UPDATED: I-9 Compliance Flexibility Extended Through September 19, 2020
The Department of Homeland Security (DHS) announced some temporary changes in Form I-9 compliance due to the COVID-19 outbreak. DHS will exercise discretion to defer the physical presence requirements for document review. Employers will not be required to review employee identity and employment authorization documents while the employee is present if the place of business is shutdown or working remotely, but they must inspect Section 2 documents remotely and obtain, inspect, and retain copies of the documents within three business days for purposes of completing Section 2.
The DHS notice also requires employers using these options to provide written documentation of remote onboarding and telework policies for each employee. Once normal operations resume, all employees using remote verification must bring their identity and employment eligibility documentation to their employer within three days.
After normal operations resume and once physical inspection takes place, the employers should enter “COVID-19” as the reason for the physical inspection delay in the Additional Information field. The employer should then add the statement “documents physically examined” with the date of the actual inspection on the Form I-9 in Section 2 or Section 3 as appropriate. The announcement stated that these provisions allowing for increased flexibility may be implemented for a period of 60 days from the date of the notice (March 20, 2020) or within three business days after the termination of the National Emergency, whichever comes first. It has since been extended through September 19, 2020.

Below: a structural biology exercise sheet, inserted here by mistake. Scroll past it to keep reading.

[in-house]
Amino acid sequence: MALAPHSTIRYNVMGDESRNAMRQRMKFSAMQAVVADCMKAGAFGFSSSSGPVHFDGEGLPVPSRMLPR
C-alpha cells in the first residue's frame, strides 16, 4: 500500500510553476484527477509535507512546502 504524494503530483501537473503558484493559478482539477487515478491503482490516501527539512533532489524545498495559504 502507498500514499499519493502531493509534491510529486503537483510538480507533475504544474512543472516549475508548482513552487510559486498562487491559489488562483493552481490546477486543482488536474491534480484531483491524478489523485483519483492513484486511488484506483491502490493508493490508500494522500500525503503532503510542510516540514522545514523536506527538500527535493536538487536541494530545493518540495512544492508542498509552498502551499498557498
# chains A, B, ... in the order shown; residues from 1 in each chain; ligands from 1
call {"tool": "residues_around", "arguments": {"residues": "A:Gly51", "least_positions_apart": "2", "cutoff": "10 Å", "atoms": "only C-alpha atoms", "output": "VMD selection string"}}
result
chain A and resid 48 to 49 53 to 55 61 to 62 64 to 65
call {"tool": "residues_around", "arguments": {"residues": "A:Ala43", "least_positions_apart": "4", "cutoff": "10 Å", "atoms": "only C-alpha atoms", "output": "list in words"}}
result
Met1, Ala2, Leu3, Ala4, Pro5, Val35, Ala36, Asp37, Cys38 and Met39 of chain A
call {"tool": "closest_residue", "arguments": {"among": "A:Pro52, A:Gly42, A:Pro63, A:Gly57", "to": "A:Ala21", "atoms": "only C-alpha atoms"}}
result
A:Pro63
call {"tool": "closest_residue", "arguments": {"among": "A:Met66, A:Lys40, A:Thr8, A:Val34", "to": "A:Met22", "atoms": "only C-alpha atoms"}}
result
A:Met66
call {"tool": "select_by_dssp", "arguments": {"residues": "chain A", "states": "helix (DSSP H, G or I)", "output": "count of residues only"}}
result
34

Please note, this flexibility is only extended to employers and workplaces that are operating entirely remotely. The announcement states that if employees are still physically present at the work location, there are no exceptions to the in-person document verification requirements for the I-9. If new hires or existing employees are subject to COVID-19 quarantine restrictions or lockdown protocols, DHS will evaluate modifications to the process on a “case-by-case basis.”
An alternative option for I-9 compliance is for employers to designate an authorized representative to act on their behalf for Section 2 completion and signature of the I-9. The employer still holds the same responsibilities and liabilities for the authorized representative, including violations with the form or verification process.
DHS also noted that any employers who received Notice of Inspections (NOIs) in the month of March received a 60-day automatic extension from the effective date if they have not already responded. A second 30-day period was granted in June. Employers should monitor shifting conditions and look for additional updates from DHS regarding the extensions and other policy changes.
Contact Challa Law Group at 804-360-8482 or firstname.lastname@example.org with your I-9 compliance and immigration questions.
Visit our COVID-19 Resource Page for Employers & Foreign Workers to read about other critical immigration updates.